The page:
Recent articles complain that Montana’s brightest students leave Montana to pursue higher education and those who attend our universities at taxpayers’ expense leave to find jobs. Both of these assertions are best viewed by analyzing the facts.
In the class of 2010, four Montana students earned perfect scores on the ACT. Two of those students are entering the Montana University System, taking advantage of the Montana University System Honors Scholarships. The 201 students who accepted Honor Scholarships for 2010-11 had an average ACT score of 31, and 87 percent earned high school GPAs of 3.9 and above. This scholarship is a four-year renewable tuition waiver for use at any of Montana’s University System campuses. Recent changes in the criteria for earning these scholarships have put more emphasis on rigorous high school preparation and test scores. As a result, they are more competitive and prized by our top-performing students.
The 2010 ACT tests were taken by 6,222 students, about 58 percent of Montana’s 2010 high school graduates. That was an increase of 6 percent since last year, indicating that more Montana students plan to go to college. More students send their scores to Montana State University, University of Montana, Montana State University Billings and Montana Tech than to any out-of-state college. In fact, 1,817 more students list UM and MSU as their first choice than the most-selected out-of-state campus, the University of Washington.
While the rest of the country frets over remediation rates, the preparation levels of Montana’s recent high school graduates have been improving. Over the past 10 years, the University System has worked with hundreds of high school teachers to improve readiness for college English, resulting in a decline in remediation rates in college composition of 26 percent between 2005 and 2009.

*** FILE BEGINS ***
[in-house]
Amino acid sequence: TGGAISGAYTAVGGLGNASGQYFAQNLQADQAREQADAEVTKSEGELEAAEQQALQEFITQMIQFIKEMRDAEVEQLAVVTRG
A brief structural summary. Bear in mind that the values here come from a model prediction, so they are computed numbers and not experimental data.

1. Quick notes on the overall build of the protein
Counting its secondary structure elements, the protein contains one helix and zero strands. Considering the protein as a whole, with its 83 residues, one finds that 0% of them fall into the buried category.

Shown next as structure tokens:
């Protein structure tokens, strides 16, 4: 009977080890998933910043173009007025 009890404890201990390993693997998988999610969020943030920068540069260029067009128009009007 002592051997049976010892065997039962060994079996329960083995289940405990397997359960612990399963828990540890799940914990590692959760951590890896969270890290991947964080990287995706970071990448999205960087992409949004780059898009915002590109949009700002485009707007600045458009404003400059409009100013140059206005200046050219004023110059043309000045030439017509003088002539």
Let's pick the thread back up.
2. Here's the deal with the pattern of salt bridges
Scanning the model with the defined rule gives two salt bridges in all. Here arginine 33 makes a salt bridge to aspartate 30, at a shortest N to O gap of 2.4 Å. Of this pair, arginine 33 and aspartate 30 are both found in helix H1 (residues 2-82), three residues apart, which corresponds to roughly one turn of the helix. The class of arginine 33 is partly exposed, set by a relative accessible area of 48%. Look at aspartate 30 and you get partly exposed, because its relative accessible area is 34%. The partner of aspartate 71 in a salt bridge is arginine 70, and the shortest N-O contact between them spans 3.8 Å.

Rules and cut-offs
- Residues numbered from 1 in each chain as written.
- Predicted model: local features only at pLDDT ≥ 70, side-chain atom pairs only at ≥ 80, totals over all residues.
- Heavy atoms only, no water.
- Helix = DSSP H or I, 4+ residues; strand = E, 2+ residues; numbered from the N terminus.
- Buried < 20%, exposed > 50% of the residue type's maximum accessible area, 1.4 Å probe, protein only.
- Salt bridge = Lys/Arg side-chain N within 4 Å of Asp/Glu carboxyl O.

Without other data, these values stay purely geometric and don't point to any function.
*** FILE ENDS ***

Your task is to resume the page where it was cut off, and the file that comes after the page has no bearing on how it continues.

What about after graduation? Approximately 70 percent of Montanans graduating from an MUS campus are employed in the state within one year. Such data, developed in conjunction with the Montana Department of Labor, is readily accessible on the MUS website. According to the U.S. Census Bureau American Community Survey (2007), Montana is a net importer of young educated adults, those 22-to-39-year-olds who hold a bachelor’s degree or higher.
Although state support for higher education has not kept pace with inflation and has dwindled from 75 percent to only 40 percent of its cost over the past 20 years, the Montana University System has made great strides in attracting students. Our honors colleges, scholarships, and admissions policies encourage Montana’s highest-achieving students. In addition, our programs reach out to high schools and our campuses provide support to all students in their academic endeavors.
Montana’s economy depends on increasing the educational attainment level of all its citizens. The MUS is realizing that goal by attracting academically gifted students and preparing Montana’s workforce.
Dr. Sheila Stearns is Montana’s commissioner of higher education.